[I]n order to succeed, a claim that congressional commerce power legislation is invalid under the reasoning of National League of Cities must satisfy each of three requirements. First, there must be a showing that the challenged statute regulates the "States as States." [426 U.S.] at 854 [96 S. Ct. at 2475]. Second, the federal regulation must address matters that are indisputably "attribute [s] of state sovereignty." Id., at 845 [96 S. Ct. at 2471]. And third, it must be apparent that the States' compliance with the federal law would directly impair their ability "to structure integral operations in areas of traditional government functions." Id., at 852, [96 S. Ct. at 2474.]
Id. 452 U.S. at 287-88, 101 S. Ct. at 2365-66 (emphasis in original). A footnote to this passage adds that, even if legislation satisfies all three requirements, it is not necessarily unconstitutional; in some situations "the nature of the federal interest advanced may be such that it justifies state submission." Id. at 288 n. 29, 101 S. Ct. at 2366 n. 29.
Since Hodel, the Supreme Court has employed this three-pronged test in tenth amendment challenges, see Equal Employment Opportunity Commission v. Wyoming, --- U.S. ----, 103 S. Ct. 1054, 75 L. Ed. 2d 18 (1983) (extension of Age Discrimination in Employment Act to state game wardens not violative of tenth amendment); United Transportation Union v. Long Island Rail Road Co., 455 U.S. 678, 102 S. Ct. 1349, 71 L. Ed. 2d 547 (1982) (application of Railway Labor Act to state-owned railroad not violative of tenth amendment). The Sixth Circuit also has used the Hodel test for "criteria whether federal action was unconstitutional under National League of Cities," Dove v. Chattanooga Area Regional Transportation Authority, 701 F.2d 50, 52 (6th Cir. 1983) (extension of FLSA to employees of municipal transit system not violative of tenth amendment); see United States v. Thompson, 685 F.2d 993, 1001 (6th Cir.), cert. denied, --- U.S. ----, 103 S. Ct. 494, 74 L. Ed. 2d 635 (1982) (naming Office of Governor as RICO enterprise not violative of tenth amendment).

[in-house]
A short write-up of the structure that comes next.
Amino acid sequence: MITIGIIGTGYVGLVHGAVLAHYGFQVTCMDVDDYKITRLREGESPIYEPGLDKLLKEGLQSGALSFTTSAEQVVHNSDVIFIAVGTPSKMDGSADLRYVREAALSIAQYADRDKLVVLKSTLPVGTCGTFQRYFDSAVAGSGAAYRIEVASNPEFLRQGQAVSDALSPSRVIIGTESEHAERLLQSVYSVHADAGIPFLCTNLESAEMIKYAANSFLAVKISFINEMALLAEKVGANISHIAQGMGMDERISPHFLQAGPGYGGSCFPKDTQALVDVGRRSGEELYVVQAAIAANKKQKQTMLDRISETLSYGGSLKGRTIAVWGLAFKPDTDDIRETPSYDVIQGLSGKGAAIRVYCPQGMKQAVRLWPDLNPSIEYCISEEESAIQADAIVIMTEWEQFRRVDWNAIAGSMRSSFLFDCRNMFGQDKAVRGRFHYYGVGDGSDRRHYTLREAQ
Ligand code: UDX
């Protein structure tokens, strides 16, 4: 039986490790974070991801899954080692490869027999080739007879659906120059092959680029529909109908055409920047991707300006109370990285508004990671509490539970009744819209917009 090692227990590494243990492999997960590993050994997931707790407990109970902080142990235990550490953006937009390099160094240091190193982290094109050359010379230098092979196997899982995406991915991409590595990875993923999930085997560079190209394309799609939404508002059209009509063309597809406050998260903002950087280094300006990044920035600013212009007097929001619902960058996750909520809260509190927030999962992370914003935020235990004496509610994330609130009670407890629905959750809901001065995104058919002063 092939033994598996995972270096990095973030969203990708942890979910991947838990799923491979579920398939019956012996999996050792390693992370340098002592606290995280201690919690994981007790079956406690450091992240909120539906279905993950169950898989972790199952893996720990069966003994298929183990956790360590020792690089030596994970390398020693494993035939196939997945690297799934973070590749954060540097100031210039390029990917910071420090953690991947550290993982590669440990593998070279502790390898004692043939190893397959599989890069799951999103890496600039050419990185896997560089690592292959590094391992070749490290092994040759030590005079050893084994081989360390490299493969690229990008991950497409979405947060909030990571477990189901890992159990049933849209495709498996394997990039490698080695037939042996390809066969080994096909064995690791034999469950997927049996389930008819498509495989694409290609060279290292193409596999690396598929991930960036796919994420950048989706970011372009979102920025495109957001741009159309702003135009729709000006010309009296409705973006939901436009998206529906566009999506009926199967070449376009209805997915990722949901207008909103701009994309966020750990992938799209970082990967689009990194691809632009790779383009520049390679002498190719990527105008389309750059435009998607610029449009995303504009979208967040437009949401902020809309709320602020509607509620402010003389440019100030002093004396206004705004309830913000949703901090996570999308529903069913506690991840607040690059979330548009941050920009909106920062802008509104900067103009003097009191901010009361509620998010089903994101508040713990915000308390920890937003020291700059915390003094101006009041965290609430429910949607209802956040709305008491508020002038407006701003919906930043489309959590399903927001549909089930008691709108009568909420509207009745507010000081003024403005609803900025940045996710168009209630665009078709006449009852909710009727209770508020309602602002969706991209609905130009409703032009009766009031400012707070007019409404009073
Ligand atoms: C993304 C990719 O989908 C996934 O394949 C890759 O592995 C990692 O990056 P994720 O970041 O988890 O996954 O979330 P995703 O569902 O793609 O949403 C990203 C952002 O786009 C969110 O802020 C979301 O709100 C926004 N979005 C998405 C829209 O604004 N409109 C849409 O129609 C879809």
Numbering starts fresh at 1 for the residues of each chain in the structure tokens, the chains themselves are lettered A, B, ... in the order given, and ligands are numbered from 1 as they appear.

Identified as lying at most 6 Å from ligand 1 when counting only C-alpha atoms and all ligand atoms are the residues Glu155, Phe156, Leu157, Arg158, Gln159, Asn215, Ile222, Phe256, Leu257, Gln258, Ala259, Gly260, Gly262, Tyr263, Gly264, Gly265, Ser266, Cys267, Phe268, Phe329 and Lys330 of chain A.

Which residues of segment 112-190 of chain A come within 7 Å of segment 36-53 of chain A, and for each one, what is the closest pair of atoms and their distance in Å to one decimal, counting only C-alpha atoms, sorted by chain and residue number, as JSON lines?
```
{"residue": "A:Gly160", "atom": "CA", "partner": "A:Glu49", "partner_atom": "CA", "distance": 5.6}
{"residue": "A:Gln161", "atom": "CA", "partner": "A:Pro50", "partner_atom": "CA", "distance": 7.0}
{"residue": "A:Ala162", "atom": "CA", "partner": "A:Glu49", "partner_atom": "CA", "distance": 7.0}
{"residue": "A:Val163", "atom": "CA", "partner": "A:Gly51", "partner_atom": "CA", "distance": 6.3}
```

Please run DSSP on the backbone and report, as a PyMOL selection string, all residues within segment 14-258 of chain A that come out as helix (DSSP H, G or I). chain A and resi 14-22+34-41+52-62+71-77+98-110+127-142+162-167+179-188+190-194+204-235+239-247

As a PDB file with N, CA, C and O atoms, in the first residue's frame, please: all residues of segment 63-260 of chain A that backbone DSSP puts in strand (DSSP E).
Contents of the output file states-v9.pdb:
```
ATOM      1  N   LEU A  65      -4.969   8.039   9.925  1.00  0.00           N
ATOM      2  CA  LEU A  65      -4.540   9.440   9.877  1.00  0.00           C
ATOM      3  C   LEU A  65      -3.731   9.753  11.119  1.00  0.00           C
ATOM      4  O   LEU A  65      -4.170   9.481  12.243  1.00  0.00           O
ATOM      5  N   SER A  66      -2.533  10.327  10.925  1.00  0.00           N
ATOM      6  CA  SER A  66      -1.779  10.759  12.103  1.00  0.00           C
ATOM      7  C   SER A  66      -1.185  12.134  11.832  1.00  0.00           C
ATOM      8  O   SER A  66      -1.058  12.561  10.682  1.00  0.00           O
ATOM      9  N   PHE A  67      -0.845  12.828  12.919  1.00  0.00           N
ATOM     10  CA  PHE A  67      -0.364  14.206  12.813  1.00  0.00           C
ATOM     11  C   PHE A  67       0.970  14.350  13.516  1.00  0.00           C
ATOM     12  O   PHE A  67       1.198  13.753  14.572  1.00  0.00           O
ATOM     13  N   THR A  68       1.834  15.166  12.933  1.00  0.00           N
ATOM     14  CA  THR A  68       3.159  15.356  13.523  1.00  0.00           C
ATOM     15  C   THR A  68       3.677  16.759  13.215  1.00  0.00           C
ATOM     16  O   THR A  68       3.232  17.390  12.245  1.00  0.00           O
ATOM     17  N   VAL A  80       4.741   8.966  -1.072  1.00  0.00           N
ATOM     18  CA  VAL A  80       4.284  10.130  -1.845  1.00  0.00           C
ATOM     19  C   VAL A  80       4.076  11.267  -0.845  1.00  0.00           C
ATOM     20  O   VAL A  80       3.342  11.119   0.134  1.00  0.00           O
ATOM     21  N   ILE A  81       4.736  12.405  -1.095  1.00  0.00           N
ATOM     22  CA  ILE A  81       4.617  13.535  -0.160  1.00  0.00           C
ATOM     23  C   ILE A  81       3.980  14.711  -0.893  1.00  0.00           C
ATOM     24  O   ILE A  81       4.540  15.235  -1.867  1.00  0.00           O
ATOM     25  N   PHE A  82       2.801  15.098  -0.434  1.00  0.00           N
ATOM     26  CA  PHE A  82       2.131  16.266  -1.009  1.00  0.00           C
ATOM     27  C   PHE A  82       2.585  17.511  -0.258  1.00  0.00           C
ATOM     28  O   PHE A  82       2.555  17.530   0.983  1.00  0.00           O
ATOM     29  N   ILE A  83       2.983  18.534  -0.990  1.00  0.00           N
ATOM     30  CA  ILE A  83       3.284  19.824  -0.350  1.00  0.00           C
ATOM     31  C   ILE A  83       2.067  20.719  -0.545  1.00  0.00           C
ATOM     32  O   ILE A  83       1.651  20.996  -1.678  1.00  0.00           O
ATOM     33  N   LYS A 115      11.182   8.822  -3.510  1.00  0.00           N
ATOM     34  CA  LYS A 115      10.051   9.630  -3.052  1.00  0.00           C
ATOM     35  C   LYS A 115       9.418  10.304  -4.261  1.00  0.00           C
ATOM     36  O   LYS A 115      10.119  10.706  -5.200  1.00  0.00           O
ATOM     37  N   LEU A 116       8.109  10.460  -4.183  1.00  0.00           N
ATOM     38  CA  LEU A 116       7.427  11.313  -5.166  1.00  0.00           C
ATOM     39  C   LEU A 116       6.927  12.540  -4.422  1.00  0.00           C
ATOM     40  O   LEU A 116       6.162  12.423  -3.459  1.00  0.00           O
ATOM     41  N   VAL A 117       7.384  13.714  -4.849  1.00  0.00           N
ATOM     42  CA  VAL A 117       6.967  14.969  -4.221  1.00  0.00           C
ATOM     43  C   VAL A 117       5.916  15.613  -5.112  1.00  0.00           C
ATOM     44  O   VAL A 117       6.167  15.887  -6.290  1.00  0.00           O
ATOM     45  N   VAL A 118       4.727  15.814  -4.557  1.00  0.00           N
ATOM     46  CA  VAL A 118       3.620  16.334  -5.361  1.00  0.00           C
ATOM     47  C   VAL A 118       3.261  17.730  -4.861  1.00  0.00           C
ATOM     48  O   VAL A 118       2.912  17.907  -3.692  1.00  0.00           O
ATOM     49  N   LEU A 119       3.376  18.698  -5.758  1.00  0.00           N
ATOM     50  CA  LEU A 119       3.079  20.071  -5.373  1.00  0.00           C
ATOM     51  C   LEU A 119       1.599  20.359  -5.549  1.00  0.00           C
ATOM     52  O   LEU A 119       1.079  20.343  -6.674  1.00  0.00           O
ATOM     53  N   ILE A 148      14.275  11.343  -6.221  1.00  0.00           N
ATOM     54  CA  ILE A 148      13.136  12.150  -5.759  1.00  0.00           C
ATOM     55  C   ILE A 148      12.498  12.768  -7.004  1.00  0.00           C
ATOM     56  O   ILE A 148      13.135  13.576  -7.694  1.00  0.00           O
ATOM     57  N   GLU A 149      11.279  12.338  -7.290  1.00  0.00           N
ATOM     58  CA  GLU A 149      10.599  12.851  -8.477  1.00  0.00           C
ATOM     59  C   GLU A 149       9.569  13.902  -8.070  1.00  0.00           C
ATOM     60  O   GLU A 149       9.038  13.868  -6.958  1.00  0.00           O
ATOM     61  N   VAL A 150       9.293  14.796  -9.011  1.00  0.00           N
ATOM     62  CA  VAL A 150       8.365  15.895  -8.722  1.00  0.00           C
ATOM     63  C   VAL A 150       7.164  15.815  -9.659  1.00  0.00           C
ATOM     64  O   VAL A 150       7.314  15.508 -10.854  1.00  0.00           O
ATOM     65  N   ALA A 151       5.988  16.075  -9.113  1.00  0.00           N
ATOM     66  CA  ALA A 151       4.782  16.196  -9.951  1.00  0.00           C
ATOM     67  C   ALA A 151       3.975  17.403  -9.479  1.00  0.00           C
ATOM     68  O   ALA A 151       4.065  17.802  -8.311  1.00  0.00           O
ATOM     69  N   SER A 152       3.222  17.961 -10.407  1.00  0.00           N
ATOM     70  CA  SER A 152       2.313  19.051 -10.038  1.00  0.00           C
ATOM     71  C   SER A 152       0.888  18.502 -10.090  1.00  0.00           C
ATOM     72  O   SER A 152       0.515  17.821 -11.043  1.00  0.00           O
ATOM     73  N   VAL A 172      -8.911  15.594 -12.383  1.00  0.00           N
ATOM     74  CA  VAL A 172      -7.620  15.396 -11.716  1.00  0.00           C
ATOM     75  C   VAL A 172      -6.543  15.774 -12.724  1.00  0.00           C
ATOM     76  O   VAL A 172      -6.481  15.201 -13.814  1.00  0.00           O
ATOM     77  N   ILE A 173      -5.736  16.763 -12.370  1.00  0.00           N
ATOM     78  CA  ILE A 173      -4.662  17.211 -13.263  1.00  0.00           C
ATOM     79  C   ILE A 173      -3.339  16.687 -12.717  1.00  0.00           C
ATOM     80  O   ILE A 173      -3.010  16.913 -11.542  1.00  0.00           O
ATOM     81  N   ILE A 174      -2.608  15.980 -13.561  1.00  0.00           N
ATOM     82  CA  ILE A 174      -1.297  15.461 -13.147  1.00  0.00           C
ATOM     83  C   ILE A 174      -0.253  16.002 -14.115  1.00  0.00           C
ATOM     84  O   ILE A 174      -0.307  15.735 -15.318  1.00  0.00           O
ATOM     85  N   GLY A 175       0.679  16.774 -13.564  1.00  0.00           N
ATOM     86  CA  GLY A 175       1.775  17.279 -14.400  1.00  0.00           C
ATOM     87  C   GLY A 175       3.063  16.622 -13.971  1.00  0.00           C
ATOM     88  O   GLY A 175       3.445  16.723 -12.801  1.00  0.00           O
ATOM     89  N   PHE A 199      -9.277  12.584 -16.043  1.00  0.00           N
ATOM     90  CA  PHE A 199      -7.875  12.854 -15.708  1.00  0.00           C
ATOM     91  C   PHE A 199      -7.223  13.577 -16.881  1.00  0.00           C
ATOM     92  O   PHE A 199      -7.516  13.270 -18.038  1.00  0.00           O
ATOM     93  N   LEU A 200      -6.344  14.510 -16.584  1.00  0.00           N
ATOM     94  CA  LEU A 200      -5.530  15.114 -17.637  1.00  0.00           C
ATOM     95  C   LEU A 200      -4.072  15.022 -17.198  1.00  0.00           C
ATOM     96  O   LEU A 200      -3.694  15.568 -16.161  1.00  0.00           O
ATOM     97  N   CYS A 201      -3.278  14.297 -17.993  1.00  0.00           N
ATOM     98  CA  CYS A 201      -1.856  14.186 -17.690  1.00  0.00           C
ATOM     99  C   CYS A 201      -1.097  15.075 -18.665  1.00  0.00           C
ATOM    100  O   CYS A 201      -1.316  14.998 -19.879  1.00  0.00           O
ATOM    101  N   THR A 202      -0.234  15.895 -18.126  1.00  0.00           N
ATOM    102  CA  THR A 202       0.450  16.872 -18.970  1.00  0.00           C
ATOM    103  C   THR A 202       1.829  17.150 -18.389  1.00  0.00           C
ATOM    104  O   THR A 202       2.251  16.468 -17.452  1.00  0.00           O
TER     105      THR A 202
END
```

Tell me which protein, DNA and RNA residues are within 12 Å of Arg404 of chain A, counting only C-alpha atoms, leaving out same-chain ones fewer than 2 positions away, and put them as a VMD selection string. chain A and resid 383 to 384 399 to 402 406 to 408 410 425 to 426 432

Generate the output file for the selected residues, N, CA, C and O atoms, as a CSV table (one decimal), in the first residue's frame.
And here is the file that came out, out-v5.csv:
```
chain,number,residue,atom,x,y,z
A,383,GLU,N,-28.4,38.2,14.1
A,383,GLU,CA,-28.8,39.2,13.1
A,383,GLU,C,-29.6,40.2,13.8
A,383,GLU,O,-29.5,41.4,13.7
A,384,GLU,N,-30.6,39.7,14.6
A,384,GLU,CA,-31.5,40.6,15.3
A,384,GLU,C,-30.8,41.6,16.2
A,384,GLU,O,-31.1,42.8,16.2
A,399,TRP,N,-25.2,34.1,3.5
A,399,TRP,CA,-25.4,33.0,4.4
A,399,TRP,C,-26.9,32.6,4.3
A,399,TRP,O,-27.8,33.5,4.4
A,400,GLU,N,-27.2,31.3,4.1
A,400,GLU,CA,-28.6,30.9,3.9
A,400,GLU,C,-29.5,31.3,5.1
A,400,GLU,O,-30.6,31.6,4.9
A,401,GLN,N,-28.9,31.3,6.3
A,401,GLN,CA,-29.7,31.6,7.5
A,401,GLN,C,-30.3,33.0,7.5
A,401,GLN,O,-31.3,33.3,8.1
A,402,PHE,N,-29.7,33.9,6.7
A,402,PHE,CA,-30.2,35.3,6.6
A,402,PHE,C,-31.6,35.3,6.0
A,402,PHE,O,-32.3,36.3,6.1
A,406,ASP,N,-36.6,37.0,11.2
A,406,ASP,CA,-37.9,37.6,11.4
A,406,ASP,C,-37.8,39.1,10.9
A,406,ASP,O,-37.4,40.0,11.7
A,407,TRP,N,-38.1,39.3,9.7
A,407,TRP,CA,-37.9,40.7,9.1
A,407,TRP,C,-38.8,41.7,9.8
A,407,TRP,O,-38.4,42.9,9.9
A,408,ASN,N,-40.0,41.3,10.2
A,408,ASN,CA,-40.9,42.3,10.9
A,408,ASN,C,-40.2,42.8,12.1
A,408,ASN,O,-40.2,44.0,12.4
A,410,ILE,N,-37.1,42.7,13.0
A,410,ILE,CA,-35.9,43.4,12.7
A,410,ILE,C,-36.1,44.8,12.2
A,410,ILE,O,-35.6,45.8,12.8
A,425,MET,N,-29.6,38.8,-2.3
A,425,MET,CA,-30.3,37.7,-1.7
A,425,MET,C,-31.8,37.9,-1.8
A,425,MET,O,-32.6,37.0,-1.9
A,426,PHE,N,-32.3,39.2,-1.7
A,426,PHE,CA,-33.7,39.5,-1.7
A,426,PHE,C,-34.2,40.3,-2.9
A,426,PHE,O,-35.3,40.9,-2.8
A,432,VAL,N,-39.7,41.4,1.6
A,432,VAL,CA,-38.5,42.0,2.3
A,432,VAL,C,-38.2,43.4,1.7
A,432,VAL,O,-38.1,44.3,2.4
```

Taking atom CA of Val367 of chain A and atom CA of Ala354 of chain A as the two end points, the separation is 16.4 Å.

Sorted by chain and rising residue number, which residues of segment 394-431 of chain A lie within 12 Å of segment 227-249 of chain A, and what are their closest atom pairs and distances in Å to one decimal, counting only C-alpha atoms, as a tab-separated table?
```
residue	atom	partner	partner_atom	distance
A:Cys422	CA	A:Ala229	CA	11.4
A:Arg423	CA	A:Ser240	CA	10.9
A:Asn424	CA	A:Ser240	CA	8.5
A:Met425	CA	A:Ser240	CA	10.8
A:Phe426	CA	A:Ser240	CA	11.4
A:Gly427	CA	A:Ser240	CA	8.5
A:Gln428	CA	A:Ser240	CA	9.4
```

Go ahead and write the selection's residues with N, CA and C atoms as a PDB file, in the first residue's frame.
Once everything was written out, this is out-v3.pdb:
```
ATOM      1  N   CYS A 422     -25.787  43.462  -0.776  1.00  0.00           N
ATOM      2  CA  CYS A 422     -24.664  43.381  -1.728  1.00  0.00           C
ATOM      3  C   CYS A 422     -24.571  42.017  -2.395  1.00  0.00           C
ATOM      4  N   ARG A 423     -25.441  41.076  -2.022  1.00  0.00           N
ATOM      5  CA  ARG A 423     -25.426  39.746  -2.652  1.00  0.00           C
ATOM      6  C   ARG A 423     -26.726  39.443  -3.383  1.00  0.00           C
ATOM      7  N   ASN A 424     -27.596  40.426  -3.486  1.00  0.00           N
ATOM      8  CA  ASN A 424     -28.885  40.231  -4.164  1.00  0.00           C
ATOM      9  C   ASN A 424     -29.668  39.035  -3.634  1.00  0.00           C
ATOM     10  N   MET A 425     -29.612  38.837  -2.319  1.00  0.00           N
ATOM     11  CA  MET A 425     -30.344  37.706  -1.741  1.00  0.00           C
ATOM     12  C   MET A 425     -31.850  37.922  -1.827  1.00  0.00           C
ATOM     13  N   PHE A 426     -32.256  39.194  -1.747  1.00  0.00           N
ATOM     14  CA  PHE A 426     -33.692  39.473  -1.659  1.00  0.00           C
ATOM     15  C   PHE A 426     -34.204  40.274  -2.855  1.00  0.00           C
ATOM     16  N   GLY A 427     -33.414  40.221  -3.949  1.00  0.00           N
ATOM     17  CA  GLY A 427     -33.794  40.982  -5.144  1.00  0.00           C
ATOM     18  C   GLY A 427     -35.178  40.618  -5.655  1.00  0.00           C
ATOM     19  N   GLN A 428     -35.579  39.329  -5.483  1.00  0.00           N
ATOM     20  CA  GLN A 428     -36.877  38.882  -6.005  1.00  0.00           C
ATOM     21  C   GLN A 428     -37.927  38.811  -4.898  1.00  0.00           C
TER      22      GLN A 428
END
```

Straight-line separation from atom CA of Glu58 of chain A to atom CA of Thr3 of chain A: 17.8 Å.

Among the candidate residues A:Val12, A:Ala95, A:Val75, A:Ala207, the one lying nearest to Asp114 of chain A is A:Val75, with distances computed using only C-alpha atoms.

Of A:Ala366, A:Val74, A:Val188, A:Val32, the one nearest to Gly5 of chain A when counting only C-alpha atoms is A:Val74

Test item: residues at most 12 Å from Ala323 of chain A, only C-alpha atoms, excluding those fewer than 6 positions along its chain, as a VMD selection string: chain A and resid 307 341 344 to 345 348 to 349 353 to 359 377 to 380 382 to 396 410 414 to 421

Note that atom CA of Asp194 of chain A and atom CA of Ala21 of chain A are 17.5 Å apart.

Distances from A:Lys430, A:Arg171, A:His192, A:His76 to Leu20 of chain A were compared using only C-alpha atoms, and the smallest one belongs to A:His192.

In the instant case, the Contractors have failed to satisfy the first prong of the Hodel test; applying the FLSA to private corporations doing business with the state, like the Contractors, does not regulate the "States as States." This first part of the Hodel test has not been extensively litigated, and in the four tenth amendment cases recently decided by the Supreme Court--National League of Cities, Hodel, Long Island Rail Road, and EEOC v. Wyoming --the state character of the regulated entity was not disputed.2 Two courts of appeals, however, have relied on the "States as States" test to find no tenth amendment violation in fact situations very similar to the present case.
In Richland County Association for Retarded Citizens v. Marshall, 660 F.2d 388 (9th Cir. 1981), vacated on other grounds, 454 U.S. 389, 102 S. Ct. 713, 70 L. Ed. 2d 570 (1982),3 a private corporation which operated a residential home for the mentally retarded under contract with the State of Montana sought protection under the tenth amendment from the minimum wage and maximum hour provisions of the FLSA. The Ninth Circuit found the FLSA constitutionally applicable to a private entity like the plaintiff corporation because "the requirement that the regulation operate on a state as a state is not met." Id. at 391, 102 S. Ct. at 714.